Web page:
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Heroes and Heroines Practice

Post  AgathonZante on Fri Sep 04, 2015 1:10 am

In ancient Greek religion, there were many Heroes and Heroines, some very well known, others not so much. I have a few questions regarding them for modern Greek religious practice.

1: What constitutes a Hero and a Heroine in accordance with ancient Greek standards? I ask this for the less known Heroes and Heroines of ancient Greece.

2: Is it legitimate for a modern practitioner of Hellenism to recognize influential people from ancient Greek religion and myth as Heroes and Heroines, even if they may not have been necessarily perceived as such in ancient times?

3: How would Greek practitioners today legitimately have their own class of local Heroes?

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Re: Heroes and Heroines Practice

Post  Thrasyvoulos on Fri Sep 04, 2015 4:32 am

AgathonZante wrote:In ancient Greek religion, there were many Heroes and Heroines, some very well known, others not so much. I have a few questions regarding them for modern Greek religious practice.

1: What constitutes a Hero and a Heroine in accordance with ancient Greek standards? I ask this for the less known Heroes and Heroines of ancient Greece.

2: Is it legitimate for a modern practitioner of Hellenism to recognize influential people from ancient Greek religion and myth as Heroes and Heroines, even if they may not have been necessarily perceived as such in ancient times?

3: How would Greek practitioners today legitimately have their own class of local Heroes?

1. There are two things which usually mark a person, in myth (though it may be difficult to perceive beneath the heavy layers of symbolism) or in life, as a Hero: a person who demonstrates great deeds and possesses a virtuous character.

2.) What defined a Hero in the popular religion of Classical/Hellenistic times was, in essence, cultus by a large number of people. In modern times the religion has, at least in countries outside of Greece and whether for the better or not, shifted from a familial and communal focus to a more individualized focus. The ancient standards in terms of the popular religion do not really exist in force anymore, and so, continuing in...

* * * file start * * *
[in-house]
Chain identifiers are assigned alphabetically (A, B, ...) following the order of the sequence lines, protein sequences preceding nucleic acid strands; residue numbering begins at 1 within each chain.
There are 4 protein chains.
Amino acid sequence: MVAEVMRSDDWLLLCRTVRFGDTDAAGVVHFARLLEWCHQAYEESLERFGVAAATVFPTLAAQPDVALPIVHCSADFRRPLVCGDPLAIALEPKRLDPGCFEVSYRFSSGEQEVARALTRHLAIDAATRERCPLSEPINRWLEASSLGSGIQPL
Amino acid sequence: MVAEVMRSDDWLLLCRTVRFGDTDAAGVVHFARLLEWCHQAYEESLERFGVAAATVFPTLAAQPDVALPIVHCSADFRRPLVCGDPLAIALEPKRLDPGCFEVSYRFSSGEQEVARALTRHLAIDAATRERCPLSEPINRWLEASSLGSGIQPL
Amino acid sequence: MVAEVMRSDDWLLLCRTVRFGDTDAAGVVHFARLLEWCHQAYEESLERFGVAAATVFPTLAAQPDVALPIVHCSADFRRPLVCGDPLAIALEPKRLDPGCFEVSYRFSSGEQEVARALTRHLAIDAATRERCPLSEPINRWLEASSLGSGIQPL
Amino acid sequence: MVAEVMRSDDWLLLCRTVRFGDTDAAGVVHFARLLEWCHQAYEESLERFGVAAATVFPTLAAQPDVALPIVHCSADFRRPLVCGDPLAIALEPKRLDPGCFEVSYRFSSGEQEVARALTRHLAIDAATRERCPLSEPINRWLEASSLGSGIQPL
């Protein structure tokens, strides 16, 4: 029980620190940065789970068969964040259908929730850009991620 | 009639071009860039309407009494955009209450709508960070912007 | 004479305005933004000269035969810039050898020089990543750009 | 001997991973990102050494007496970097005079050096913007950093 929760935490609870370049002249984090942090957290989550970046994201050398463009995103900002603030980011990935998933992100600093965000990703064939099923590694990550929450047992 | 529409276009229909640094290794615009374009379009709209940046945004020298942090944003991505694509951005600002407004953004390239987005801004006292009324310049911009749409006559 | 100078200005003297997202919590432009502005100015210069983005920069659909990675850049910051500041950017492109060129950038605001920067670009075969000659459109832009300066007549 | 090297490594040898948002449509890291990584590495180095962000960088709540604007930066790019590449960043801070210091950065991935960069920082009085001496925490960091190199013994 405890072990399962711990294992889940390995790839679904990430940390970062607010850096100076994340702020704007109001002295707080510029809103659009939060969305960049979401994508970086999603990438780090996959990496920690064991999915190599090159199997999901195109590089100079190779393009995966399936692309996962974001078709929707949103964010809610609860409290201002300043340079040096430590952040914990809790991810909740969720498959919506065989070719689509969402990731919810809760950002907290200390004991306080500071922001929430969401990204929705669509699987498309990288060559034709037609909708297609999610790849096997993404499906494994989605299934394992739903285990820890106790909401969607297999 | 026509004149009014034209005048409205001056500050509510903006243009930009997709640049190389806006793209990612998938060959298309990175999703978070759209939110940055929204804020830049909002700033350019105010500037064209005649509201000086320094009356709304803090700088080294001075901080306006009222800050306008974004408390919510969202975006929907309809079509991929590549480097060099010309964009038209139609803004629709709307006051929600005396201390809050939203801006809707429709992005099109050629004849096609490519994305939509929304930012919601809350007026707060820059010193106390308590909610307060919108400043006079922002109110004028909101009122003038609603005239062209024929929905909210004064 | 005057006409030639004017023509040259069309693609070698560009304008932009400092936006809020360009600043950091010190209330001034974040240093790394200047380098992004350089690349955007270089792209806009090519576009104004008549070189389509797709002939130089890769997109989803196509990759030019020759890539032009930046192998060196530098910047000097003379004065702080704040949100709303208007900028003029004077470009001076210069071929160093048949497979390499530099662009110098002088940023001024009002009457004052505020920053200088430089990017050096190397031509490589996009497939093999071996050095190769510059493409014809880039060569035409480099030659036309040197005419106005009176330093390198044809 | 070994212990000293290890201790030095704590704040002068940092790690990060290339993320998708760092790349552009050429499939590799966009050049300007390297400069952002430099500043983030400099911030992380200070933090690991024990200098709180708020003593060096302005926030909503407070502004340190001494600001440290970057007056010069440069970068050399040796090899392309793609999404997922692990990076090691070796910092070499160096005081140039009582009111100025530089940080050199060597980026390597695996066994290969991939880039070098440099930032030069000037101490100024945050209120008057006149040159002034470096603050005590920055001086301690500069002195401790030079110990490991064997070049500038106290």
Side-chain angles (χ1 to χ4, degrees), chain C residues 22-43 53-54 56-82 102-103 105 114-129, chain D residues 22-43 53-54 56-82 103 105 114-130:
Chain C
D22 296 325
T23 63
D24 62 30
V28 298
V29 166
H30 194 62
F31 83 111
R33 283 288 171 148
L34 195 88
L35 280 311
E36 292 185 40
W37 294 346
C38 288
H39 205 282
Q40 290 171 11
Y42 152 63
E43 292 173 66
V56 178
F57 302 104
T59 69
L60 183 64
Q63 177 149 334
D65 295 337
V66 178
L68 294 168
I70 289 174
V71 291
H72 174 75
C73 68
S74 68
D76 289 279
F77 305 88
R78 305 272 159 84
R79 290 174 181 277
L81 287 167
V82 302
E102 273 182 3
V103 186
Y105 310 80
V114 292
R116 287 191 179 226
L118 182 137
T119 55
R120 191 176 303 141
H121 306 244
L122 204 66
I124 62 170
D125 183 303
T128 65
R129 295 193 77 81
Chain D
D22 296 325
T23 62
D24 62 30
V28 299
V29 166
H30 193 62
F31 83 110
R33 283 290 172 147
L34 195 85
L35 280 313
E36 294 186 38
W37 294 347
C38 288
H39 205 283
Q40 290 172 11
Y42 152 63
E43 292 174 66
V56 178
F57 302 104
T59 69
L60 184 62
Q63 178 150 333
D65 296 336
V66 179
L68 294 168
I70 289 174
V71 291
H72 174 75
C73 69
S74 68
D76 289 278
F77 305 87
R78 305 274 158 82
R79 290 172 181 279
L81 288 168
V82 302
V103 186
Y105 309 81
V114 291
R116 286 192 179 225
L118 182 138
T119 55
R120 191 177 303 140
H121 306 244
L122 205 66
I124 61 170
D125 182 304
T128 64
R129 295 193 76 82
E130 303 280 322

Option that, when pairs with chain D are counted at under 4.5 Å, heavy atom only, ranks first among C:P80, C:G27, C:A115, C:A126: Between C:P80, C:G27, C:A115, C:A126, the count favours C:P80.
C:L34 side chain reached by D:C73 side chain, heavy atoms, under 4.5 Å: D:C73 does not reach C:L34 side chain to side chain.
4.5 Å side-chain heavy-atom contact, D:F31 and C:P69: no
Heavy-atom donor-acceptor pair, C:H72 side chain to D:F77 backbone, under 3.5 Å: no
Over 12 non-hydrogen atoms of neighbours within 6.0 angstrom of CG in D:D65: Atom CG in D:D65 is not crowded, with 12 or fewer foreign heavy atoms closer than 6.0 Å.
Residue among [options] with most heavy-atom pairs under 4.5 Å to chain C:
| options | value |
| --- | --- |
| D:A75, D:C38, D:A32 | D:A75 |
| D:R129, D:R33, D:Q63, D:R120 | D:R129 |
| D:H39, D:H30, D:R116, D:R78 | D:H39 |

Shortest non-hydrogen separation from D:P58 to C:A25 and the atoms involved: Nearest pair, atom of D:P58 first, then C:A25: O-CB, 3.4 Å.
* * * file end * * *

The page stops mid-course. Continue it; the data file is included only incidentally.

3.) Whom you idealize as a Hero is up to you and others' opinions do not necessarily hold weight depending on reasoning behind why you consider them a Hero.

Martin Luther King Jr. Joan of Arc. William Wallace. Rosa Parks. These examples of humanity can rightfully be called Heroes and Heroines.

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Re: Heroes and Heroines Practice

Post  AgathonZante on Fri Sep 04, 2015 2:53 pm

So if, for example, I considered Penelope to be the Heroine of Fidelity and Loyalty, even though such was not her title in ancient Greece, that would be legitimate?

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Re: Heroes and Heroines Practice

Post  Thrasyvoulos on Fri Sep 04, 2015 11:42 pm

AgathonZante wrote:So if, for example, I considered Penelope to be the Heroine of Fidelity and Loyalty, even though such was not her title in ancient Greece, that would be legitimate?

If you want to attach those attributes to her, then do it. However, the way I have always viewed the Heroes, they exemplify all the qualities of an ideal human by definition, not just one or two, so I, personally, don't see the need to call Herakles the Hero of Valor, etc.

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Re: Heroes and Heroines Practice

Post  Thrasyvoulos on Fri Sep 04, 2015 11:46 pm

What it comes down to is a Hero or Heroine is a person who pursued their ideals, what they thought was right, with such valor and commitment and courage in the face of what seemed like overwhelming adversity, the story of who they are transcends life and inspires hope, optimism and courage in people and sets up an exemplar of how a person should act.

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